Observing for Action: The Arctic Observing Summit highlights Earth observations and Arctic change

Blog / May 6, 2020

Image shows a NASA Airborne Campaign observing climate impacts in the arctic. This red plane is a DHC-3 Otter, the plane flown in NASA’s Operation IceBridge-Alaska surveys of mountain glaciers in Alaska. Over the past few decades, average global temperatures have been on the rise, and this warming is happening two to three times faster in the Arctic. Credit: Chris Larsen, University of Alaska-Fairbanks NASA Goddard
Image shows a NASA Airborne Campaign observing climate impacts in the arctic. This red plane is a DHC-3 Otter, the plane flown in NASA’s Operation IceBridge-Alaska surveys of mountain glaciers in Alaska. Over the past few decades, average global temperatures have been on the rise, and this warming is happening two to three times faster in the Arctic. Credit: Chris Larsen, University of Alaska-Fairbanks NASA Goddard
Image shows a NASA Airborne Campaign observing climate impacts in the arctic. This red plane is a DHC-3 Otter, the plane flown in NASA’s Operation IceBridge-Alaska surveys of mountain glaciers in Alaska. Over the past few decades, average global temperatures have been on the rise, and this warming is happening two to three times faster in the Arctic. Credit: Chris Larsen, University of Alaska-Fairbanks NASA Goddard
Image shows a NASA Airborne Campaign observing climate impacts in the arctic. This red plane is a DHC-3 Otter, the plane flown in NASA’s Operation IceBridge-Alaska surveys of mountain glaciers in Alaska. Over the past few decades, average global temperatures have been on the rise, and this warming is happening two to three times faster in the Arctic. Credit: Chris Larsen, University of Alaska-Fairbanks NASA Goddard

Last month, the Arctic Observing Summit  (AOS) came together to highlight the need for action and adaptation to changes facing Arctic ecosystems and to develop a Conference Statement and Call to Action.  As the international forum providing community-driven, science-based guidance, the AOS is involved in the design, coordination, and long-term operation of an international network of Arctic observing systems.  Through a series of in-depth discussions, online Summit aimed to improve the understanding of and response to system-scale Arctic change.

Through the coordination of and exchange of ideas and data among researchers, agencies, Indigenous persons, non-governmental organizations, the private sector and others, the AOS has undertaken sustainable (often decades long) observing activities. The Group on Earth Observations (GEO) has been supporting this work through the Sustaining Arctic Observing Network (SAON) and other activities, and was actively involved in the Summit.

A keynote presentation was delivered by the GEO Secretariat’s Senior Scientist, Douglas Cripe, to Summit participants. The keynote highlighted the convening power of GEO to foster openly shared data for the Arctic observing community and noted the benefits for the Artic communities from improved data collection and sharing. In response to food security challenges in Arctic communities, the presentation proposed the Group on Earth Observations (GEO) Global Agricultural Monitoring (GEOGLAM) Flagship as a model for using Earth observations (EO) in support of food security activities.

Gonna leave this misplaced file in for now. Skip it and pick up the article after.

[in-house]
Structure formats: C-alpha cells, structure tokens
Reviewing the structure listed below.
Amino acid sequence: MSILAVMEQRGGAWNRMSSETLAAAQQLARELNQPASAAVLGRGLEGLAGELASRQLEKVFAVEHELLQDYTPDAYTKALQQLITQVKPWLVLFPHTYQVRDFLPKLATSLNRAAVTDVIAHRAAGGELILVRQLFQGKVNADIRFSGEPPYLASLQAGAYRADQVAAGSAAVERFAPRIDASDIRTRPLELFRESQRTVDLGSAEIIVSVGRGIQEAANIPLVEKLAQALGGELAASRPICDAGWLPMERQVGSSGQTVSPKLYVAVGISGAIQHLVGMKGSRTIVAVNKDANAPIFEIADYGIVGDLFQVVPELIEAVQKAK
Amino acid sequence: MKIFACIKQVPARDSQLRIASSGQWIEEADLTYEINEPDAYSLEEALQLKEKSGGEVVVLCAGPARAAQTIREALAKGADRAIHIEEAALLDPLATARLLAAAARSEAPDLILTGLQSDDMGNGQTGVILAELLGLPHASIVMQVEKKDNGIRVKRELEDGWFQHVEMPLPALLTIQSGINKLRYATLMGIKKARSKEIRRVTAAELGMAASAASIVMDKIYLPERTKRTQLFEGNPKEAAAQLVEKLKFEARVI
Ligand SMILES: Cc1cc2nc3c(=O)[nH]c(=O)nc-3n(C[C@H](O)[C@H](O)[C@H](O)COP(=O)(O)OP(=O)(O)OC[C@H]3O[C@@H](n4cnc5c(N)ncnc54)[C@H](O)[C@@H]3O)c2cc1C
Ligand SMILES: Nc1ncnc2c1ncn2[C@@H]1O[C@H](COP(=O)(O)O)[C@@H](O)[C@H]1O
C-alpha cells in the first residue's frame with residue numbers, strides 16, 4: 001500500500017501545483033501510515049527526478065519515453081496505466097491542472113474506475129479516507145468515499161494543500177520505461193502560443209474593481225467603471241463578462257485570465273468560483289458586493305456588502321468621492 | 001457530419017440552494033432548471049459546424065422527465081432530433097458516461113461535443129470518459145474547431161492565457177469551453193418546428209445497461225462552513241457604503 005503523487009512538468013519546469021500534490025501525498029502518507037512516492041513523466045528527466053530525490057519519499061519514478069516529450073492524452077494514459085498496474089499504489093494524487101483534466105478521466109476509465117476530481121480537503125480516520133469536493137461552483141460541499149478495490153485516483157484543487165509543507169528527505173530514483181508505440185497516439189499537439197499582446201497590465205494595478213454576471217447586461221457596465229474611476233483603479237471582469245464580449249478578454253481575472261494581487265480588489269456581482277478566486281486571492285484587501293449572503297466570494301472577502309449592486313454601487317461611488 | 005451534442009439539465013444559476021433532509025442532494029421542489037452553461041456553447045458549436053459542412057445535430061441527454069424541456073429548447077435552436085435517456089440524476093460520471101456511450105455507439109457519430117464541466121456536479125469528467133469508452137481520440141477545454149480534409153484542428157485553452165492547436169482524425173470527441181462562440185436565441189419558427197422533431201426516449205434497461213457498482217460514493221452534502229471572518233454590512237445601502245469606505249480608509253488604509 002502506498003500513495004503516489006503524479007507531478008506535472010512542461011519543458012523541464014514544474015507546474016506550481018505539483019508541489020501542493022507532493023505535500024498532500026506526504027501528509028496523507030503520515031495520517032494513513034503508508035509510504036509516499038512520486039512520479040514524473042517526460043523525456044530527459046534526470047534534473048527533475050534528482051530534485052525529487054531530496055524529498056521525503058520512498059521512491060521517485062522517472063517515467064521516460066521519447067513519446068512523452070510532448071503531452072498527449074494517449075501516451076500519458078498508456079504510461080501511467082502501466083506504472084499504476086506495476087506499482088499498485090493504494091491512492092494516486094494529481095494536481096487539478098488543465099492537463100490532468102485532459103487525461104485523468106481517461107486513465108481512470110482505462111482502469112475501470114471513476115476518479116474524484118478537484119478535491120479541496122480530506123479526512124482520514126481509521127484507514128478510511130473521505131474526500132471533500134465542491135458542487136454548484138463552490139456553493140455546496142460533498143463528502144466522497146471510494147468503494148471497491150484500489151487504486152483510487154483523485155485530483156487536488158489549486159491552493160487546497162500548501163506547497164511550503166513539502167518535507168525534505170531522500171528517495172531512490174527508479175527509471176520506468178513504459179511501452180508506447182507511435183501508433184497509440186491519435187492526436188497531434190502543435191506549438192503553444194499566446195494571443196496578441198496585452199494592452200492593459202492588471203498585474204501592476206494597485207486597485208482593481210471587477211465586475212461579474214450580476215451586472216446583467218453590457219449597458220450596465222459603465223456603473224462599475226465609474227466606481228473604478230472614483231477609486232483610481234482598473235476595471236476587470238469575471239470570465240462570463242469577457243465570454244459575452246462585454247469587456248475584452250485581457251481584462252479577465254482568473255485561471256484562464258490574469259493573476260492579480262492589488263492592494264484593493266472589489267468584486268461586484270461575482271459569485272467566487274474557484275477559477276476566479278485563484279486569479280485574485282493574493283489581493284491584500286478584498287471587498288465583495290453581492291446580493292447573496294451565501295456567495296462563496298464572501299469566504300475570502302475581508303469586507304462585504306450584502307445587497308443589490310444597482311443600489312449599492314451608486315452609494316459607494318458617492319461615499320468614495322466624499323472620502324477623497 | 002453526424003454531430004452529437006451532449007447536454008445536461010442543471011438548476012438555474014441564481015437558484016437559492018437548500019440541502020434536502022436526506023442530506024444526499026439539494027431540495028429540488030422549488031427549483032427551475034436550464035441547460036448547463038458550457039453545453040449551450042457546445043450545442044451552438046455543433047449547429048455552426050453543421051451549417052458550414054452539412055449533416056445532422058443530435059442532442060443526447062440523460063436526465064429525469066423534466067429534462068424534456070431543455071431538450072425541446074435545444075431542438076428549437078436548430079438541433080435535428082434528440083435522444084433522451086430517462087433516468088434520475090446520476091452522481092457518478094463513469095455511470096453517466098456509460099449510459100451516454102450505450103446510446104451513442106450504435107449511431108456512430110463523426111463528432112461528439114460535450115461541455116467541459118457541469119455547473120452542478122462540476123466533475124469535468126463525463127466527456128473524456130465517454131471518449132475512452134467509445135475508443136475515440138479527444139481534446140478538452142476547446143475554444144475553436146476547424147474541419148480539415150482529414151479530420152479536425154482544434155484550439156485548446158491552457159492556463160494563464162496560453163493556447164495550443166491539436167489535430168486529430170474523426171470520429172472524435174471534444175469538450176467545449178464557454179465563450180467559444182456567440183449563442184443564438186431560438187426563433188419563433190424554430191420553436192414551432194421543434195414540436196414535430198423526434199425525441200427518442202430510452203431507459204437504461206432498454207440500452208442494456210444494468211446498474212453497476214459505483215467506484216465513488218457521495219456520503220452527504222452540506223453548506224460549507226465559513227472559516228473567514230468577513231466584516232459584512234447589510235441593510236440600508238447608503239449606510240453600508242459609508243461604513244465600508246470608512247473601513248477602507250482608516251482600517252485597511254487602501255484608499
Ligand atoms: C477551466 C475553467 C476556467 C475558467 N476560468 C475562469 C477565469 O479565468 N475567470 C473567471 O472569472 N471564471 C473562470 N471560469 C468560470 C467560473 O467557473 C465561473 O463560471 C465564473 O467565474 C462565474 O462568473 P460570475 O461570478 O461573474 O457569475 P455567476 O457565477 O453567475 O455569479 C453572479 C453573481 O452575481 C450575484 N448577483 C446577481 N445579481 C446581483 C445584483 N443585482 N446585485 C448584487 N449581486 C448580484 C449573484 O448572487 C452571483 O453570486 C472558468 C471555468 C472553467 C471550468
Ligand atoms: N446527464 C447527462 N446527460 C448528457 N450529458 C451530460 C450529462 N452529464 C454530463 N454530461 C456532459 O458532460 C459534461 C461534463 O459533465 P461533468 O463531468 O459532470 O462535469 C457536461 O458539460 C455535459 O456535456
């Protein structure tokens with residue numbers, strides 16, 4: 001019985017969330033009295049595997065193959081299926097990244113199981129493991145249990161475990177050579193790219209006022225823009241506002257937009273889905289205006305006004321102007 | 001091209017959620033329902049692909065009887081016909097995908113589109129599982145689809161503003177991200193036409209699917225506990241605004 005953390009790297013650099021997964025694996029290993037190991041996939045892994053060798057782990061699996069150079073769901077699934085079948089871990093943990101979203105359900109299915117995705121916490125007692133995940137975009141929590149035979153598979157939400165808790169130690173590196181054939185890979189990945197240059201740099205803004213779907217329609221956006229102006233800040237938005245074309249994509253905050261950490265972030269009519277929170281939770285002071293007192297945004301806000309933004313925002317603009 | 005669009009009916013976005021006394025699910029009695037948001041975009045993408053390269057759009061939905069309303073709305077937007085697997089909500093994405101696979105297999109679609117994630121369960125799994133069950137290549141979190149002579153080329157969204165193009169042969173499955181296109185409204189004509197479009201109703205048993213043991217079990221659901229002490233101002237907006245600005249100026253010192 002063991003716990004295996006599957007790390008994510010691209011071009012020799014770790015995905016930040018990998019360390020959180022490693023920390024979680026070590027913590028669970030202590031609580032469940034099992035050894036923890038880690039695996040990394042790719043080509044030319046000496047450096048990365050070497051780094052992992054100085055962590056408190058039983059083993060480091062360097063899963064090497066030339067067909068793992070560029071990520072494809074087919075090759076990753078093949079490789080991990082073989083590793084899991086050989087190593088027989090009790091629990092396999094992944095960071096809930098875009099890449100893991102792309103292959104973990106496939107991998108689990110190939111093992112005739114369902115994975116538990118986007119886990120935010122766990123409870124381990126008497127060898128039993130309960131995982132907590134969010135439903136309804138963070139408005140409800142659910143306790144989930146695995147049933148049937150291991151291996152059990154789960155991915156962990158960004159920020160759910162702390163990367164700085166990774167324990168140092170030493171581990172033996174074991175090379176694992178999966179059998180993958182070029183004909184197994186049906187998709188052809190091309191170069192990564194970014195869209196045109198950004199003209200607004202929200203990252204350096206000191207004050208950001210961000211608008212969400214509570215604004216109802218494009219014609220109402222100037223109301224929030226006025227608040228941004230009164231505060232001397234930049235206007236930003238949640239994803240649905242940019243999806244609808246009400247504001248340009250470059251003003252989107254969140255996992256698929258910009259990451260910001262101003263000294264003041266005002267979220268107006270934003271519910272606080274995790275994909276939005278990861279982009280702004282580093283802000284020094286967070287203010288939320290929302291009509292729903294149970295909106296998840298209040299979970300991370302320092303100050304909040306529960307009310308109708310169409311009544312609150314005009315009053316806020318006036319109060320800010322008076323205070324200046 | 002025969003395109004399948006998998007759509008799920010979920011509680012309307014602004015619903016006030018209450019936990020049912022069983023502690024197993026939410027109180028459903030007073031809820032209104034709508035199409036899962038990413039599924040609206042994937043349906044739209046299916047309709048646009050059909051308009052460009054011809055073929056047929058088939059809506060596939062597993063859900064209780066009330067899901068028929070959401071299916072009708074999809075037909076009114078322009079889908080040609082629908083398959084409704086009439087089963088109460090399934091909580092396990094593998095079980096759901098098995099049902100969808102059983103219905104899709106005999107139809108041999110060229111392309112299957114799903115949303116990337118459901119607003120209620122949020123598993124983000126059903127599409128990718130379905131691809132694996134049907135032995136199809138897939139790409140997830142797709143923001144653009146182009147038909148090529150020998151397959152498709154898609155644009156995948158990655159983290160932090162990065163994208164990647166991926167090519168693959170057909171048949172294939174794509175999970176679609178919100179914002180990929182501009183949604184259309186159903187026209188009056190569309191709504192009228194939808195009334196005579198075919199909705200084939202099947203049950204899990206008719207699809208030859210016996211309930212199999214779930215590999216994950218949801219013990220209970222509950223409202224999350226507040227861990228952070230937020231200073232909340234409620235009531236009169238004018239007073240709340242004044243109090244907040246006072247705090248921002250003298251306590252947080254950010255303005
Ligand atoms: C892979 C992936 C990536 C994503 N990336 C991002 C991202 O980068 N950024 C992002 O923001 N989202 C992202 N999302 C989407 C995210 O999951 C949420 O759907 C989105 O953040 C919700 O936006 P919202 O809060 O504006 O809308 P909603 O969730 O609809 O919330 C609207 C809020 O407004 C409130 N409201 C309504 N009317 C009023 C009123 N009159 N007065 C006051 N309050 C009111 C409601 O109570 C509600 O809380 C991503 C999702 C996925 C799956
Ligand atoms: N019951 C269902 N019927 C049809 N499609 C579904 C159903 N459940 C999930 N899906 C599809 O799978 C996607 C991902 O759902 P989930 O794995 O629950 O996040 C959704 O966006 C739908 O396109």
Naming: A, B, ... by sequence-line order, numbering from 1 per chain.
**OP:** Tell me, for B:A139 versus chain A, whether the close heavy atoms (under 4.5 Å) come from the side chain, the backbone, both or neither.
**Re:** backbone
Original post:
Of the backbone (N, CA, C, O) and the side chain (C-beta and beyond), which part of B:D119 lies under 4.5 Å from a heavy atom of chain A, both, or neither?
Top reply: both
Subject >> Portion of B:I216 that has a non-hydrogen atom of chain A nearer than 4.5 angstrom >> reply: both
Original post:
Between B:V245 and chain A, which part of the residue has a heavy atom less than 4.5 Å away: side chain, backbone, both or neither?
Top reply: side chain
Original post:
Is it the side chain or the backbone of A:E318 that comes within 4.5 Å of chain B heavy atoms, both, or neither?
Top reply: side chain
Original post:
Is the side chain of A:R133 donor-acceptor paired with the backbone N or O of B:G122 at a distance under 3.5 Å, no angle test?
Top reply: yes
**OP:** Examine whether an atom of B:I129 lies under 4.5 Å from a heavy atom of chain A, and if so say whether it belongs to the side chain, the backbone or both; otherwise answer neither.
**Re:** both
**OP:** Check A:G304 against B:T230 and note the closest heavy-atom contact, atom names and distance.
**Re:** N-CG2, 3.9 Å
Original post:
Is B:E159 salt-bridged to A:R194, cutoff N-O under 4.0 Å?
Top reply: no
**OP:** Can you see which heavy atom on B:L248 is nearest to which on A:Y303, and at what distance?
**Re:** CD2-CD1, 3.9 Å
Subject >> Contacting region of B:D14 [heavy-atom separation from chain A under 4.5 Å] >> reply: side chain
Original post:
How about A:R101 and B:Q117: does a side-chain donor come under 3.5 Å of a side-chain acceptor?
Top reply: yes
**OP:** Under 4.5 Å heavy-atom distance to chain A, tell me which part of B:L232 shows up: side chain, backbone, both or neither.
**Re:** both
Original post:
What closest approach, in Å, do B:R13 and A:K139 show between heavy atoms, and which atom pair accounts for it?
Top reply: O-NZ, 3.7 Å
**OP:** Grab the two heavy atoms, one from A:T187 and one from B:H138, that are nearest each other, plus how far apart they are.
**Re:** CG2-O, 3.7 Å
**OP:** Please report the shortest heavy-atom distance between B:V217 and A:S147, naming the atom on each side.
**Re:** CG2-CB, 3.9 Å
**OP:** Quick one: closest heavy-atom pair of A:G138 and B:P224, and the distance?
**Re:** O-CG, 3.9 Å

Watch the Keynote Presentation on YouTube here.

The GEO Secretariat also participated in a lively discussion with panelists that included representatives of the Arctic indigenous community and the European Commission’s Copernicus project to answer key questions related to the most pressing societal challenges that need to be addressed such as food security, disaster preparedness,and resilient communities in the Arctic. Suggestions for bringing together observations of different types, including community-based Indigenous Knowledge, remote sensing and others was highlighted and combining EO with indigenous knowledge in a co-design approach should be promoted.

Watch the panel discussion on YouTube here.

A newly prepared White Paper written by Douglas Cripe, GEO Secretariat and Ian Jarvis, Programme Director, GEOGLAM Secretariat, looks at the role of robust data sharing principles, and how they can enable openly available information and data for a wide range of Arctic observing communities. Through the GEO Data Sharing Principles, GEO recognizes that the benefits arising from Earth observations can only be fully achieved through the sharing of data, information, knowledge, products and services. GEO has therefore promoted these fundamental principles for data sharing, expanding the trend towards open data worldwide.

The paper also addresses the lack of coordination among EO-data sources, and gaps in spatial and temporal coverage in key agricultural areas and during important periods of the agricultural growing season. In addition, it reviews several challenges related to gaining access to these data, including the lack of connectivity, computational issues, data storage, and/or licensing. One of the core activities of GEOGLAM is the coordination of Earth observation data for food security that addresses these challenges. As such, when combined with a Ministerial mandate for the use of EO to support evidence-based decision making from the G20 to GEOGLAM, this approach could prove as a useful model for ensuring food security across the Arctic region and can help these communities better understand and adapt to change.

 

 

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